Chip stocks were again among the best performing in the market today. Shrugging off yesterday's earthquake in Taiwan, many chip stocks rallied to all-time highs. The widely followed SOX index hit a new all-time high today at 571.57, up 2.9%, but off of the day's highs. Chemical and banking stocks also had a good day, as both indexes rose 0.5%. Those were the only mainstream sectors outside technology who put in a good day today.

As hard as it is to believe, HMO stocks were probably the strongest in the market today, with the HMO index rising 6.6% today. The index has risen about 20% during the past five trading sessions, which is a strong move, but when you consider that it is still about 30% off of its 52-week high, it still has a long way to go. With such a strong, quick move in HMO stocks, one would think that would be a cue for Hillary Clinton to start clamoring for socialized medicine again.

The Internet sector continued to struggle today, as TheStreet.Com Internet index fell 1.2%. Internet stocks have been languishing in the wake of earnings season as investors have been trying to decide if they are still willing to wait indefinitely for good earnings. Several Internet stocks, such as eBay, who merely met but did not exceed expectations, have suffered as a result and the rich premiums many Internet stocks have commanded may be causing some investors to balk. There are indications that traders of Internet stocks are becoming more selective and requiring more of the companies they invest in.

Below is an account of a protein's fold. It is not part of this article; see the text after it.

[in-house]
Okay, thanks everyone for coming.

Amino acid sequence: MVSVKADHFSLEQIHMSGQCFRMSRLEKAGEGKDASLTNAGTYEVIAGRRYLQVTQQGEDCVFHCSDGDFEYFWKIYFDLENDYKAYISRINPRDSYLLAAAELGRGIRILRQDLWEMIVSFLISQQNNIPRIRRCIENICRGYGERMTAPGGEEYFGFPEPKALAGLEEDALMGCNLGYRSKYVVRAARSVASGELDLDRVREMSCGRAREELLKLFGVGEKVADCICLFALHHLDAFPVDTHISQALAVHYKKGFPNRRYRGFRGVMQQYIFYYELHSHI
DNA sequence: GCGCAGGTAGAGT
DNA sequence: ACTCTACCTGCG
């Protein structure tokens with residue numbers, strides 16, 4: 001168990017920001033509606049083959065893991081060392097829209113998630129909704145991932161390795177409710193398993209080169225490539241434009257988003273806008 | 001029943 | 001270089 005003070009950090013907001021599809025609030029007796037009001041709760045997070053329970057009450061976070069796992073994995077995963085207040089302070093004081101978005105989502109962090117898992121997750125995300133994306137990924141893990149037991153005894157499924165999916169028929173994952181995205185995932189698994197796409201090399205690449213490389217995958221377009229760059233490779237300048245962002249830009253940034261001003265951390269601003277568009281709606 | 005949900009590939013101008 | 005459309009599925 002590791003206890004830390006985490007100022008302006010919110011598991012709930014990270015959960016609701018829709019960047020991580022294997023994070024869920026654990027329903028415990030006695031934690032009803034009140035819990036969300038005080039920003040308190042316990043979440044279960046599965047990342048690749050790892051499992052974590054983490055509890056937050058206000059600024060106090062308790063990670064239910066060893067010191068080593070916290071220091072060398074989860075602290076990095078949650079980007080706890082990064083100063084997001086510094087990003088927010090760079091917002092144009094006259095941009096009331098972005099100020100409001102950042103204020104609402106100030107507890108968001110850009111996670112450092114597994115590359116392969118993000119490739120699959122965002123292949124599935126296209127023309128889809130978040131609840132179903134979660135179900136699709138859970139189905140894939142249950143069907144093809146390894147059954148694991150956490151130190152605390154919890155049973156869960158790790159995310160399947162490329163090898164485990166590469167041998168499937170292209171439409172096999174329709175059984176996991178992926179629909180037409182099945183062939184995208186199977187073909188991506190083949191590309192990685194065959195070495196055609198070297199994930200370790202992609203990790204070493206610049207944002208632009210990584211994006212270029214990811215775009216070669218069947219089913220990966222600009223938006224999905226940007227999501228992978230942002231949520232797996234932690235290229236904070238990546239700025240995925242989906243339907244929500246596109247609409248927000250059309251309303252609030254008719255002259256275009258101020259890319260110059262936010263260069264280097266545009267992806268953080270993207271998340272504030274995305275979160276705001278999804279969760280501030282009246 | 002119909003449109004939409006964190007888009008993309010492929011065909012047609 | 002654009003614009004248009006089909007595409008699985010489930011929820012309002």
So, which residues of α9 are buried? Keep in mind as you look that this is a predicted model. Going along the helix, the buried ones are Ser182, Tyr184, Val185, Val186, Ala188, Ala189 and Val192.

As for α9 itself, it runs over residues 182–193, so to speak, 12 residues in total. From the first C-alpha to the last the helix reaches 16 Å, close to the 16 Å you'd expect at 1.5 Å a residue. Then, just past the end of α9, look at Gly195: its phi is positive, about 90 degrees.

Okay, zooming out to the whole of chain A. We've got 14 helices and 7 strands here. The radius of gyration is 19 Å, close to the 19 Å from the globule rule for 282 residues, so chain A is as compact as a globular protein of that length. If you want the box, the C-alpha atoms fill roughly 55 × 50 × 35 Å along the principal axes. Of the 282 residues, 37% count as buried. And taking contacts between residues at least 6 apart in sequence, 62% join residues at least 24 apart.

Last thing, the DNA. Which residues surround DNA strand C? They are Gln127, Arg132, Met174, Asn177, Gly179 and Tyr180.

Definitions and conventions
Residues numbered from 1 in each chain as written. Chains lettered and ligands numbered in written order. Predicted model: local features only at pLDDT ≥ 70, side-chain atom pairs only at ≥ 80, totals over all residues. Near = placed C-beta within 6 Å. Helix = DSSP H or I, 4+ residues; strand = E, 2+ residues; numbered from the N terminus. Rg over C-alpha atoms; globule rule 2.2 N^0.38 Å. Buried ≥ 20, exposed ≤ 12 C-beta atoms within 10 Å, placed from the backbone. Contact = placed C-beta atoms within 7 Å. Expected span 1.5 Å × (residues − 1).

The 30-year Treasury bond had another respectable day. The benchmark rose 10/32 and brought the yield down to 6.14%. We have been getting mixed messages about the future direction of interest rates, with some seeing a resumption of the yearlong decline in prices and others pointing to last Monday as a bottom. Nothing fundamental has changed and it appears that a 25 basis point hike is priced into the market. We will probably see the yield trade in a range until something substantial gives us some direction. The following chart shows the yield on the 30-year Treasury, which is currently sitting at a long-term support level. If it is broken it could signal a top in bond yields.

Friday's employment reports for October will be another indication of inflationary pressures, and this week's only real piece of potentially market-moving data. Analysts are currently expecting earnings growth to slow a little and the unemployment rate to remain steady with September's data.

The overall sentiment for the market has turned more bullish than it was a few weeks ago. That alone should cause us to be a little more cautious. A lot is being made of the NASDAQ reaching the 3,000 level. CNBC is planning a 2 1/2-hour extravaganza show when it has a close above that level. While in the "Information Age" it may not be quite as bearish as it once was when your shoeshine boy gives you a stock tip, it can be dangerous to trade based solely on news. NASDAQ 3,000 has only psychological significance, which can drive the market temporarily, but can also be very fickle.

It would not be surprising to see the market a little weaker tomorrow morning, based on today's sloppy close. Even with the big rally in the stock market there are still a lot of good plays for both value and momentum investors. Look for pullbacks to either initiate or add to positions. Good luck and happy trading.

Chad Poulson
Research Analyst